That hasn't kept critics, including the TCEQ, from citing costs when trying to talk the EPA out of tightening the standard. Industry groups argue that reducing smog would require unnecessarily expensive changes to vehicles, fuels, electric generating and manufacturing.
"I think it's a pretty big deal [for the Texas economy] because we have about a third of the manufacturing capacity in the United States right here in Texas, and most of the things we manufacture have some impact on ozone," said Mary Miksa, a lobbyist for the Texas Association of Business.
"And we use electricity. We use a lot of electricity. You can't produce electricity – unless you do it with nuclear – [without] generating some of the precursors to ozone."
Wind power is an exception, however.
TCEQ officials have made the same argument. "A new lower standard in the range being considered by EPA ... will have a significant negative consequence to the economy of the state," Mr. Garcia, the TCEQ chairman, wrote to the EPA chief on Sept. 25. "If the standard is lowered [to 60 ppb], every county in Texas with an ozone monitor would exceed the standard."
A top EPA official wrote back to remind Mr. Garcia that the federal agency isn't allowed to let costs skew its scientific judgment. "The administrator carefully considered the full body of available scientific evidence," wrote Stephen D. Page, director of the EPA's Office of Air Quality Planning and Standards.
Environmentalists argue that listing more counties as ozone violators would just tell the public what scientists already know: The air in many places, previously labeled as healthy, is actually harmful. Industries, they add, have always said clean air is too expensive.
"It's a classic argument that's been made for four decades," said Frank O'Donnell, president of Clean Air Watch, an environmental advocacy group based in Washington, D.C.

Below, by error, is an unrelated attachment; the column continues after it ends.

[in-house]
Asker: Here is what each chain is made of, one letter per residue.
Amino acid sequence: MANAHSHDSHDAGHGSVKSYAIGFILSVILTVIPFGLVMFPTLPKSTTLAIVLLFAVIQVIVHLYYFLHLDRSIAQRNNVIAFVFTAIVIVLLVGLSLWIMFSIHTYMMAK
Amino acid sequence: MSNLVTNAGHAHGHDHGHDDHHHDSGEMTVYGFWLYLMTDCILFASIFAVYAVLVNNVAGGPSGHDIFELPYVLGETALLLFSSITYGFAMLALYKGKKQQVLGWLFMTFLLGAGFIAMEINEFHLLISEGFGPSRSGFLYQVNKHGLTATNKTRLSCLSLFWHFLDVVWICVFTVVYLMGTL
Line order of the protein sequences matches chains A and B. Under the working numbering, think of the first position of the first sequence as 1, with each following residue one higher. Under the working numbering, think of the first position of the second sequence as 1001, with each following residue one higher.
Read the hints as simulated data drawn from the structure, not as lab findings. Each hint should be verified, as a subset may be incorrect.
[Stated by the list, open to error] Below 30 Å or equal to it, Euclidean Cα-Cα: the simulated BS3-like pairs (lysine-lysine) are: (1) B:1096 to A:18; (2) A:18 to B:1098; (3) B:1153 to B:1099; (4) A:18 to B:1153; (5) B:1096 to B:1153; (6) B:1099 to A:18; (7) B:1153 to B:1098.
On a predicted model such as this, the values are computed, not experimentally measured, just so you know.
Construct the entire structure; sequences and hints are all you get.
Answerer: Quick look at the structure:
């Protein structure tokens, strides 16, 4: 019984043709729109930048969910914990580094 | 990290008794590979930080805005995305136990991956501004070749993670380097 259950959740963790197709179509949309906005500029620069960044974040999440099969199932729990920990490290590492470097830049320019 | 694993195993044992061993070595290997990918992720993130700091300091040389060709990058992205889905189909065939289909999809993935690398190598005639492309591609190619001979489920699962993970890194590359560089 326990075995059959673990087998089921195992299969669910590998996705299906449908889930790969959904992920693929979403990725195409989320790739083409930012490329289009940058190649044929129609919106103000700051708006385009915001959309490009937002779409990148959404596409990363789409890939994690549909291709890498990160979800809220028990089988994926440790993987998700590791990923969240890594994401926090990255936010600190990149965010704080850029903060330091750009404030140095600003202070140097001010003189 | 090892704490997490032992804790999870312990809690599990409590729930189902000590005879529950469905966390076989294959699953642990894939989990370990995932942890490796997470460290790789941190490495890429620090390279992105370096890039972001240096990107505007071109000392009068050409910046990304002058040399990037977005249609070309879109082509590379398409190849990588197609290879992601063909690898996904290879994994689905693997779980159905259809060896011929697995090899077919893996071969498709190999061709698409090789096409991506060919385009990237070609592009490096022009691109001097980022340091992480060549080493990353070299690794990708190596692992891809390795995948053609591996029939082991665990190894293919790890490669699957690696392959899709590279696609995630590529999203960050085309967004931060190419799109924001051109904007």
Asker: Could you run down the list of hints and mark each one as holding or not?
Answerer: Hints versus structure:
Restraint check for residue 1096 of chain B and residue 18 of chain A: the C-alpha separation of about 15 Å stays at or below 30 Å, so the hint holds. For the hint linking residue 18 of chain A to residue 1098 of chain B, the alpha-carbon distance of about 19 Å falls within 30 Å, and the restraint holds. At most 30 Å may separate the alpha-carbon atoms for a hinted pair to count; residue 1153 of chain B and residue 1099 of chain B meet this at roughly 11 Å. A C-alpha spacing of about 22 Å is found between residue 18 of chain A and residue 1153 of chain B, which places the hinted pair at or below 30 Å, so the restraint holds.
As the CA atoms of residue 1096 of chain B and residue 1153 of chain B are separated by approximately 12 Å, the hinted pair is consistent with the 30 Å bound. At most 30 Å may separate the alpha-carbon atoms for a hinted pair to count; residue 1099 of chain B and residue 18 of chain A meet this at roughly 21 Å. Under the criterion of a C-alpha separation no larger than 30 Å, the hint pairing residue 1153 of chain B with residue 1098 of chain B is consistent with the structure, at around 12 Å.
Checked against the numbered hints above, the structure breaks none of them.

"The overarching message for the EPA is that this is all about public health. We need to do what's necessary to achieve that."
A 'not guilty' verdict?
The TCEQ offered several scientific objections to the EPA's ozone proposal. None appears more compelling at first glance than its contention that ozone doesn't put people in the hospital.
Starting with Ms. White's letter of April 19, the TCEQ has asserted that Texas' pattern of asthma hospitalizations – peaking in winter, when ozone levels are low – shows that ozone doesn't send asthmatics to emergency rooms. That would contradict many studies that link ozone to hospital visits, and thus undermine the EPA proposal.
The asthma hospitalization pattern, TCEQ officials said, seems to be a uniquely Texan phenomenon, probably due to the state's combination of weather and emissions sources. Ms. White wrote to the EPA that the pattern was "an example of how Texas is different from the rest of the U.S." and cited it as "indicating that ozone is not a significant contributor to asthma hospitalizations."
The TCEQ's Mr. Shanbacher repeated the argument at an EPA hearing in Houston on Sept. 5. TCEQ executive director Glenn Shankle's formal comments on the EPA plan, dated Oct. 9, also cited it.